4. Ask each side to list the words that describe the other culture, and next to this list, the words that describe their own. Exchange lists and ask them to respond. Do the same with conflicting ideas, feelings such as anger, or attitudes toward conflict
5. Ask parties to rank all available options from war to surrender, and explore reasons for choosing mediation
6. Ask parties to state, pantomime, role play, draw or script how conflicts are resolved in their culture. Who do they go to for help? What roles are played by third parties? How do they mediate? Then jointly design the mediation process
7. Invite each side to suggest someone within their culture who may be willing to co-mediate, and work with them to build consensus on a model for the process
8. Establish common points of reference or values by asking each side to indicate their goals for the relationship or the process.
9. Ask questions like: “What does that mean to you?” or “What does ‘fairness mean to you?”
10. Acknowledge and model respect for cultural differences
11. Ask each person to say one thing they are proud of about their culture and why
12. If appropriate, ask if there is anything they dislike about their own culture and why
13. Ask people in conflict to say what they most appreciate about the other group and why
14. Ask them to bring cultural artifacts, such as poems, music or photographs, and share their stories
15. Ask each side to identify a common stereotype of their culture, how it feels, and why. Then, describe their culture, showing why the stereotype is inaccurate
16. Ask what rituals are used in each culture to end conflict, such as shaking hands, then jointly design a ritual for closure and forgiveness
Mediators Without Borders
When listening to news about the latest disasters from wars and terrorist attacks around the globe, I sometimes fantasize what would happen if, instead of dropping bombs on civilian populations, mediators by the tens of thousands were parachuted into war zones to create conversations across battle lines; if, instead of shooting bullets, mediators organized dialogues and shot questions at other side; and if, instead of mourning the loss of children’s lives by visiting equal or greater losses on children from the other side, mediators would act as mourners, and turn every lost life into the name of a school, hospital, library, road, or olive grove that would be open to all and dedicated to the common good.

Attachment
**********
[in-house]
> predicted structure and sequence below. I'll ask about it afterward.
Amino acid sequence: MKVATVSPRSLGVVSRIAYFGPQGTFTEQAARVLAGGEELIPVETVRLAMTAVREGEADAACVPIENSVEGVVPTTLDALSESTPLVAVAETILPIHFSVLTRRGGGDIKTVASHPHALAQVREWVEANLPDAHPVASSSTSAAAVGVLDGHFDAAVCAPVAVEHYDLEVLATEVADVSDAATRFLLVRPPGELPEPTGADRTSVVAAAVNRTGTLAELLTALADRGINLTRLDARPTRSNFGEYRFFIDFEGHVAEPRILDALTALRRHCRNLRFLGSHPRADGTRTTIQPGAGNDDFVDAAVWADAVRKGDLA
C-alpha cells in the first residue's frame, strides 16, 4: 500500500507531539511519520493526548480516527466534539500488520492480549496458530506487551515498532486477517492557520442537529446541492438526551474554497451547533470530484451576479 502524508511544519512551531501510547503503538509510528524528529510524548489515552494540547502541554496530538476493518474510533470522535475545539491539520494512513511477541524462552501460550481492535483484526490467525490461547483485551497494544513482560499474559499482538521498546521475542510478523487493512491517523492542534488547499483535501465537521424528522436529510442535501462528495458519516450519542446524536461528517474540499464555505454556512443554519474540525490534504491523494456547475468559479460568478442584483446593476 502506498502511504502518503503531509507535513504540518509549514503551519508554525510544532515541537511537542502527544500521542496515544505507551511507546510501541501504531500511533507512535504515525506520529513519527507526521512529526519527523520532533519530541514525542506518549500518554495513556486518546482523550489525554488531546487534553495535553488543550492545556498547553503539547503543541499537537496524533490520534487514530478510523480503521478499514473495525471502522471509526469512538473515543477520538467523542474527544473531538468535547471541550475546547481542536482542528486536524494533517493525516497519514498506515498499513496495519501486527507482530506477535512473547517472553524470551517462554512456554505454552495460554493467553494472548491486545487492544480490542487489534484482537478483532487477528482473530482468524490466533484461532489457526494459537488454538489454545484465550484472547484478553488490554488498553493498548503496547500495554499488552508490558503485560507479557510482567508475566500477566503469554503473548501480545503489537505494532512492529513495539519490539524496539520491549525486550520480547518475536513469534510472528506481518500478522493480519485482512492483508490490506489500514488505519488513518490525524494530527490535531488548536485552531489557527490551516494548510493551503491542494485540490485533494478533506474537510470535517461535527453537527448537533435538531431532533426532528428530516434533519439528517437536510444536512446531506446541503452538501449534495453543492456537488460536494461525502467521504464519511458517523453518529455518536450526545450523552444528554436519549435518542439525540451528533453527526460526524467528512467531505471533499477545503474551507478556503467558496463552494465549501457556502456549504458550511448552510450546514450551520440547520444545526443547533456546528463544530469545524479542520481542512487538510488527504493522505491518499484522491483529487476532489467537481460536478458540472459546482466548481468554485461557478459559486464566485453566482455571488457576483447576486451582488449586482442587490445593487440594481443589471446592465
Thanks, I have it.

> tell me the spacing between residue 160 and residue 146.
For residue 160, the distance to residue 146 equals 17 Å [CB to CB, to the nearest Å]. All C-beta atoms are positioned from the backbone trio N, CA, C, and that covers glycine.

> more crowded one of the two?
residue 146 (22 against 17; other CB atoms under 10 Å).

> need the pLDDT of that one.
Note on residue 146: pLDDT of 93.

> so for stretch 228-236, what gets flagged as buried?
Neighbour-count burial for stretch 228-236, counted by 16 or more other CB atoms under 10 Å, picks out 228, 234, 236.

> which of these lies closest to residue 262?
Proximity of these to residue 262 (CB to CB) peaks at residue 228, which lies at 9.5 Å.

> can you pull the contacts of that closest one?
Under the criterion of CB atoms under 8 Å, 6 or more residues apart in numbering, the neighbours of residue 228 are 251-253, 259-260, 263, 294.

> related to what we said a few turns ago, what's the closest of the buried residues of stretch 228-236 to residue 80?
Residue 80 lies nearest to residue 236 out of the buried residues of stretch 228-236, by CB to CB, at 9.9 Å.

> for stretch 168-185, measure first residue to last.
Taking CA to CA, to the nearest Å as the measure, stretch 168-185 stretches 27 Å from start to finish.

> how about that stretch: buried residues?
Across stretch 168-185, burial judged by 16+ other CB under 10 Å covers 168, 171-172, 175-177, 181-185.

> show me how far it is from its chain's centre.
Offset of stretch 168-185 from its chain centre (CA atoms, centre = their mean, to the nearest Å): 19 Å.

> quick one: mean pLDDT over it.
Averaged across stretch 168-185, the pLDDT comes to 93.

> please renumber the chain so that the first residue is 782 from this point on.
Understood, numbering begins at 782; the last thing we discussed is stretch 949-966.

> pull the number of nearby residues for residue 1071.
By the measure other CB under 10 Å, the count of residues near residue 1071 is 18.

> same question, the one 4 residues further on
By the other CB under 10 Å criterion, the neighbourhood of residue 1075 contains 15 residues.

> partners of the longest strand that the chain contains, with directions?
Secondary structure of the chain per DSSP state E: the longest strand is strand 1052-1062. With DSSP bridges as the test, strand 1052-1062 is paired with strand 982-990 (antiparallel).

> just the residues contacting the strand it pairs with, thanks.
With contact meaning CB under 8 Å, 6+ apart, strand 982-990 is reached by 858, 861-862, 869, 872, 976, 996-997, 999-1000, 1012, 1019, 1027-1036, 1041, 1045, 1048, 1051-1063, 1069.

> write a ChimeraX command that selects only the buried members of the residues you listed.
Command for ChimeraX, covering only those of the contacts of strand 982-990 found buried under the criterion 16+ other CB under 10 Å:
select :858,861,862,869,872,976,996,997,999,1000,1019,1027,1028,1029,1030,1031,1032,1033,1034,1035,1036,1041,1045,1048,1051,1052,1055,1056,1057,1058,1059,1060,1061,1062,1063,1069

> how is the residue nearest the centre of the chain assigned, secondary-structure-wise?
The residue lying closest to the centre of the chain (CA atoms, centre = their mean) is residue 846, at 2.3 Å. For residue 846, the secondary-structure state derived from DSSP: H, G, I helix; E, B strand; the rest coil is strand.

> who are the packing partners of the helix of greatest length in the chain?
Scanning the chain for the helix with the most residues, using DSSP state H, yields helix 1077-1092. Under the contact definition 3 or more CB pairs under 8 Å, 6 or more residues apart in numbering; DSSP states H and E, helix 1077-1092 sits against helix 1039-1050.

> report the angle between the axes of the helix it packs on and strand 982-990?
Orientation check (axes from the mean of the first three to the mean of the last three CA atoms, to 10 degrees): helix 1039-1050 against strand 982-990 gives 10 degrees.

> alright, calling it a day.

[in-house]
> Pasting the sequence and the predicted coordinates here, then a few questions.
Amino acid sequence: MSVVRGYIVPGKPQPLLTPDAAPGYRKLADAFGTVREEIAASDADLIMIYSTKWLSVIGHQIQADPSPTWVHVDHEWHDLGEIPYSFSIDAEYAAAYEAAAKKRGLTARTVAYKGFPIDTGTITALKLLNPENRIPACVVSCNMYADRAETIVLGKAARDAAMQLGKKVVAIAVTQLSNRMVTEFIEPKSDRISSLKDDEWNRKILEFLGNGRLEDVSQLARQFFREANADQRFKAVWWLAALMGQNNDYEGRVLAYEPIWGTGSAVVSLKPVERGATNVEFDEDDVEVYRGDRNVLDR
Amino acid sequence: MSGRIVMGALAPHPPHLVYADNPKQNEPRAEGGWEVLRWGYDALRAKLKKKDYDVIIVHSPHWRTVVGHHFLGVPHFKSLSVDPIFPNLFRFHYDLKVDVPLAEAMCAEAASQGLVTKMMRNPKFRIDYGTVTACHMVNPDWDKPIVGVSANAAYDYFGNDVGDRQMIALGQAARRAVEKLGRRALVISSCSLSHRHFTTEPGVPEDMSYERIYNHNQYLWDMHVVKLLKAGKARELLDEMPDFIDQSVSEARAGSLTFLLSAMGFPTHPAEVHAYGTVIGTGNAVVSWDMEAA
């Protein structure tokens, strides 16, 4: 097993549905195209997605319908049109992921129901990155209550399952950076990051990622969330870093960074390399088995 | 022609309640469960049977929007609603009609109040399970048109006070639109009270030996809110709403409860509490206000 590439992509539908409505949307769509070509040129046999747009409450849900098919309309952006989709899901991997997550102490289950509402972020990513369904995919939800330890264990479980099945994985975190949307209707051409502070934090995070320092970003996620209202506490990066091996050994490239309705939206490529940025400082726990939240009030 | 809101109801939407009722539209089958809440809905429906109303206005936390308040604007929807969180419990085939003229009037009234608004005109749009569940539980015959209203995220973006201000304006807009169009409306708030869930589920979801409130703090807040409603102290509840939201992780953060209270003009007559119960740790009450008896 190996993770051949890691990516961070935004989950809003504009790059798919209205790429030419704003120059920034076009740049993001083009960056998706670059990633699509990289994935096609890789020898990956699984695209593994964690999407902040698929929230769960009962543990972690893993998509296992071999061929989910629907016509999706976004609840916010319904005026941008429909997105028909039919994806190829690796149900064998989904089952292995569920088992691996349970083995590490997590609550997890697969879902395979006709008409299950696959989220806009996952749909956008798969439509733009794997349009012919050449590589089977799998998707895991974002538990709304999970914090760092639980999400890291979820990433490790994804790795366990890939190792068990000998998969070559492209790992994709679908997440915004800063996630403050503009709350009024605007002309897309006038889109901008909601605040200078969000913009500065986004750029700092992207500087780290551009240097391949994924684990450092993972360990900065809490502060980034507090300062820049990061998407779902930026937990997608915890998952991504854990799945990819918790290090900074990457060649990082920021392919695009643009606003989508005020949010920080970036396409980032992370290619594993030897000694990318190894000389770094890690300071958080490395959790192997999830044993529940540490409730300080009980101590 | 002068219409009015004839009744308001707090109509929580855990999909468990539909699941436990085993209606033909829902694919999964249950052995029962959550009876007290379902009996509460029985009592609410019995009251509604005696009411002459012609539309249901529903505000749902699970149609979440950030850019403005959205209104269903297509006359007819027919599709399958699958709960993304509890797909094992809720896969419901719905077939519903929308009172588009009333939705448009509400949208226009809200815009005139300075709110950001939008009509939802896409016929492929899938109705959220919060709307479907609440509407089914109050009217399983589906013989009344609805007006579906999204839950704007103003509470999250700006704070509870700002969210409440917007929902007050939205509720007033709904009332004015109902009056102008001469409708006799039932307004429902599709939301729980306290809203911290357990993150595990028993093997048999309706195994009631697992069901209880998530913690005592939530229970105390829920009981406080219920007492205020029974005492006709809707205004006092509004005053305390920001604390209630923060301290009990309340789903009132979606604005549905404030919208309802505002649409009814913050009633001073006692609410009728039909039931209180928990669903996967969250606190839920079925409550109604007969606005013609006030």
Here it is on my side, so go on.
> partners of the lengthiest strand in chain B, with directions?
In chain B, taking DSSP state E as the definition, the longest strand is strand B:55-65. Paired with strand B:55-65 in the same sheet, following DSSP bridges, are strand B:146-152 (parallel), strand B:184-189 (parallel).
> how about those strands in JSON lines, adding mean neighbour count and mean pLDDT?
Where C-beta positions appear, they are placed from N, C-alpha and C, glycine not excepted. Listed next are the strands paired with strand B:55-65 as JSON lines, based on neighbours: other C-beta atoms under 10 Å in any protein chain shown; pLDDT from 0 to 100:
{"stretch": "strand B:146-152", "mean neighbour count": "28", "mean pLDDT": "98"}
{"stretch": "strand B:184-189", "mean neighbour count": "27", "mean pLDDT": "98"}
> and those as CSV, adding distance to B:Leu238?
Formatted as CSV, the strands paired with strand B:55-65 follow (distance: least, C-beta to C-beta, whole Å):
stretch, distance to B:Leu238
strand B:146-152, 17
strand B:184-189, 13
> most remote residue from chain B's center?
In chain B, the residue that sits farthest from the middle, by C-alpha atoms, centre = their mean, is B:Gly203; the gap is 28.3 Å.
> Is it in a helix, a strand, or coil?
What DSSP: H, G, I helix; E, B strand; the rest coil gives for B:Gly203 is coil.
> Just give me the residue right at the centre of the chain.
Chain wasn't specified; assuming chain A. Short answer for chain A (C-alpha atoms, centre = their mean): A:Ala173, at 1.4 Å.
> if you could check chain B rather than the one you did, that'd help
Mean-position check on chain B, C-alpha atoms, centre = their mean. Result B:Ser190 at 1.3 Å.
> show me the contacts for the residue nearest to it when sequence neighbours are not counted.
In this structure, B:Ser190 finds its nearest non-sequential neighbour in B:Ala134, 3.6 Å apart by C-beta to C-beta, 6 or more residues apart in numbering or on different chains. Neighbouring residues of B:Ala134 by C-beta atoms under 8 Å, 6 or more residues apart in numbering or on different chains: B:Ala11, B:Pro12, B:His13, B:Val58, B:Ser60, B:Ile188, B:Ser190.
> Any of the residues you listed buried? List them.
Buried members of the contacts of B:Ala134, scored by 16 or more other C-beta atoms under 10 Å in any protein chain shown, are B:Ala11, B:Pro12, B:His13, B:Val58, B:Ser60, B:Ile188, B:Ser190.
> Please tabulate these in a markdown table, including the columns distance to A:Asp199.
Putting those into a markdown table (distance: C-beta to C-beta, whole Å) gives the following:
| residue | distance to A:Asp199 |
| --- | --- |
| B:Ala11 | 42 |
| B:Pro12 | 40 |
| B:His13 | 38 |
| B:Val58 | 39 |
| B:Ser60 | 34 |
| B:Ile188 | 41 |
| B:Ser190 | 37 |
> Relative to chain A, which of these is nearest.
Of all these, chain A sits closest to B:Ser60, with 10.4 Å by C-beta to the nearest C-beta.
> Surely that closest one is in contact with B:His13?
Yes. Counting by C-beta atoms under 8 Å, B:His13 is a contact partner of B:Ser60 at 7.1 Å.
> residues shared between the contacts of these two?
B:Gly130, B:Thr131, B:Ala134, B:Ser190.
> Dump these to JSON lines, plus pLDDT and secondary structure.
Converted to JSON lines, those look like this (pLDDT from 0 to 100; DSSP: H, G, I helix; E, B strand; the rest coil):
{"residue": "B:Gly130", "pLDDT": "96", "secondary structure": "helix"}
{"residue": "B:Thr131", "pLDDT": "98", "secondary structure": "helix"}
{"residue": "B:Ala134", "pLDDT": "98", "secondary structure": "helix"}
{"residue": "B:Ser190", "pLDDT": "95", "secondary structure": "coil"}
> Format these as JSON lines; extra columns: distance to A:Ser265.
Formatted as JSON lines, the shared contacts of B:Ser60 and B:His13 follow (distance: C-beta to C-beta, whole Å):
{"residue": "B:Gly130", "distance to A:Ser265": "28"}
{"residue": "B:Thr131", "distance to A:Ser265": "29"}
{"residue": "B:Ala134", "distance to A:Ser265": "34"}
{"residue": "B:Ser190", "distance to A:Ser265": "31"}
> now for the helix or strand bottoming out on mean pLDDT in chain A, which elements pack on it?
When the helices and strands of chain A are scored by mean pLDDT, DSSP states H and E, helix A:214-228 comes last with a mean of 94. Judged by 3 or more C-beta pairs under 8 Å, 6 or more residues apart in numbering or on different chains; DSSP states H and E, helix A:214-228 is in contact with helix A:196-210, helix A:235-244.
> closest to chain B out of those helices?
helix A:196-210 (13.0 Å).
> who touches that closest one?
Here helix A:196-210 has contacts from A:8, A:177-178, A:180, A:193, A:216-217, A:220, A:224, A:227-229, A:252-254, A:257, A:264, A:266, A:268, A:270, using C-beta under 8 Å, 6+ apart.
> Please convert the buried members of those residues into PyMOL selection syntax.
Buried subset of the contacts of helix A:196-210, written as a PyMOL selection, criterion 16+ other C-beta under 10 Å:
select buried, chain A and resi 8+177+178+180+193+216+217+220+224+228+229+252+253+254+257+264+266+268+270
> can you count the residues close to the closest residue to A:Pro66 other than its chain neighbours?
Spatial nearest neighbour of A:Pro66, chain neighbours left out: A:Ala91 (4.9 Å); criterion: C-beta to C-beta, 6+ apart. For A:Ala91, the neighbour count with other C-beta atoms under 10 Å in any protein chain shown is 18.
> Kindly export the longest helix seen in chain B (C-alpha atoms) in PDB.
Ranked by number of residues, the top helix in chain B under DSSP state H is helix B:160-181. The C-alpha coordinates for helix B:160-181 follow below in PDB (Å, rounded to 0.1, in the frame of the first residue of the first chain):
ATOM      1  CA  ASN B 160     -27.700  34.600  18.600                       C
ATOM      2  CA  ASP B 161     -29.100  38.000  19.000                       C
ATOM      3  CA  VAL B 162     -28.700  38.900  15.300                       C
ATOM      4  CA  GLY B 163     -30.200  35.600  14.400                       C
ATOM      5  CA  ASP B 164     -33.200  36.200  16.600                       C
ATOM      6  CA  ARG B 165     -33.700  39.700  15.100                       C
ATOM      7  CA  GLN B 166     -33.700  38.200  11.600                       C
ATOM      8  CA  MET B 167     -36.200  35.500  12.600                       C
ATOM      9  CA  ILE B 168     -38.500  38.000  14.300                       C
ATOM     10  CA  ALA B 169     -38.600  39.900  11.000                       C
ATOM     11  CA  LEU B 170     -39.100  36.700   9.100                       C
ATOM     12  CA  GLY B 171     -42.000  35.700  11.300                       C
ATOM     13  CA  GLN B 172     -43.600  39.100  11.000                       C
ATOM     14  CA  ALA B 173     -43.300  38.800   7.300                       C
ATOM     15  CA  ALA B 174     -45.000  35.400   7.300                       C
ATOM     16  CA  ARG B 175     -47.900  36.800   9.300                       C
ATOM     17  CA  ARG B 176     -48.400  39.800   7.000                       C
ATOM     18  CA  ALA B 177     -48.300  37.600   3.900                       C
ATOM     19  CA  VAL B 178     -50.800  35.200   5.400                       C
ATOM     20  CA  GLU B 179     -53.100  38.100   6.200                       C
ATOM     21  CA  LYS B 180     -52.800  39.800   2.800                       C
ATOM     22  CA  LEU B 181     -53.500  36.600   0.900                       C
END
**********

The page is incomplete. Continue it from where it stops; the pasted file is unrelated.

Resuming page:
I realize this is wishful fantasy, yet within the dream lies a truth: that it is possible for mediators to have an impact on people’s willingness to participate in war or terrorism by organizing alternative ways of expressing, negotiating, and resolving differences. I call this idea “Mediators Without Borders.”
It is clear that, as a profession, we have the knowledge, skill, and experience needed to begin thinking and talking about how we might pool our resources and act in groups to intervene in trouble spots, even in small ways. Within our ranks, we have considerable experience working in other countries and cultures, building mediation centers in hostile communities, and training people in mediation techniques. While we have done so largely as individuals, we have reached a level of maturity as a profession that allows us to now consider how we might do so as a group.
While parachuting mediators into war zones may not be realistic, having separate groups of mediators dedicated to working a few weeks a year for several years with opposing sides is quite possible. It is likely that members of mediation organizations would be willing to see part of their dues dedicated to such purposes. Grants could be obtained from foundations and donations from individuals. Costs could be controlled, and would in any case not be excessive. In other words, all that is lacking is our resolve and a practical way to begin.
The most effective international projects, in my experience, are those that extend over decades, with people returning year after year to follow up, learn what works and what doesn’t, and provide fresh information, technique, and advice as circumstances evolve and change. It will undoubtedly take considerable effort and commitment to design and implement such a project; yet because conflict has no border, nor does compassion, nor our capacity to make a difference, we can only choose whether we will be distant, helpless victims of what we regard as other people’s tragedies, or active participants in resolving disputes in our own family, regardless of where they may occur.
More importantly, if we cannot learn to resolve our conflicts without war, coercion, grief, and injustice, we will find ourselves unable to survive, either as a species or as a planet. By responding to international conflicts in preventative, heartfelt, and systemic ways, we prepare the groundwork for the next great leap in human history – the leap into international cooperation and coexistence without war. Through these efforts, we may hope someday to achieve the transformation promised in a pamphlet published by the South African Truth and Reconciliation Commission:
Instead of revenge, there will be reconciliation.
Instead of forgetfulness, there will be knowledge and acknowledgement.
Instead of rejection, there will be acceptance by a compassionate state.
Instead of violations of human rights, there will be restoration of the moral order and respect for the rule of law.
Let’s make it happen, starting with us.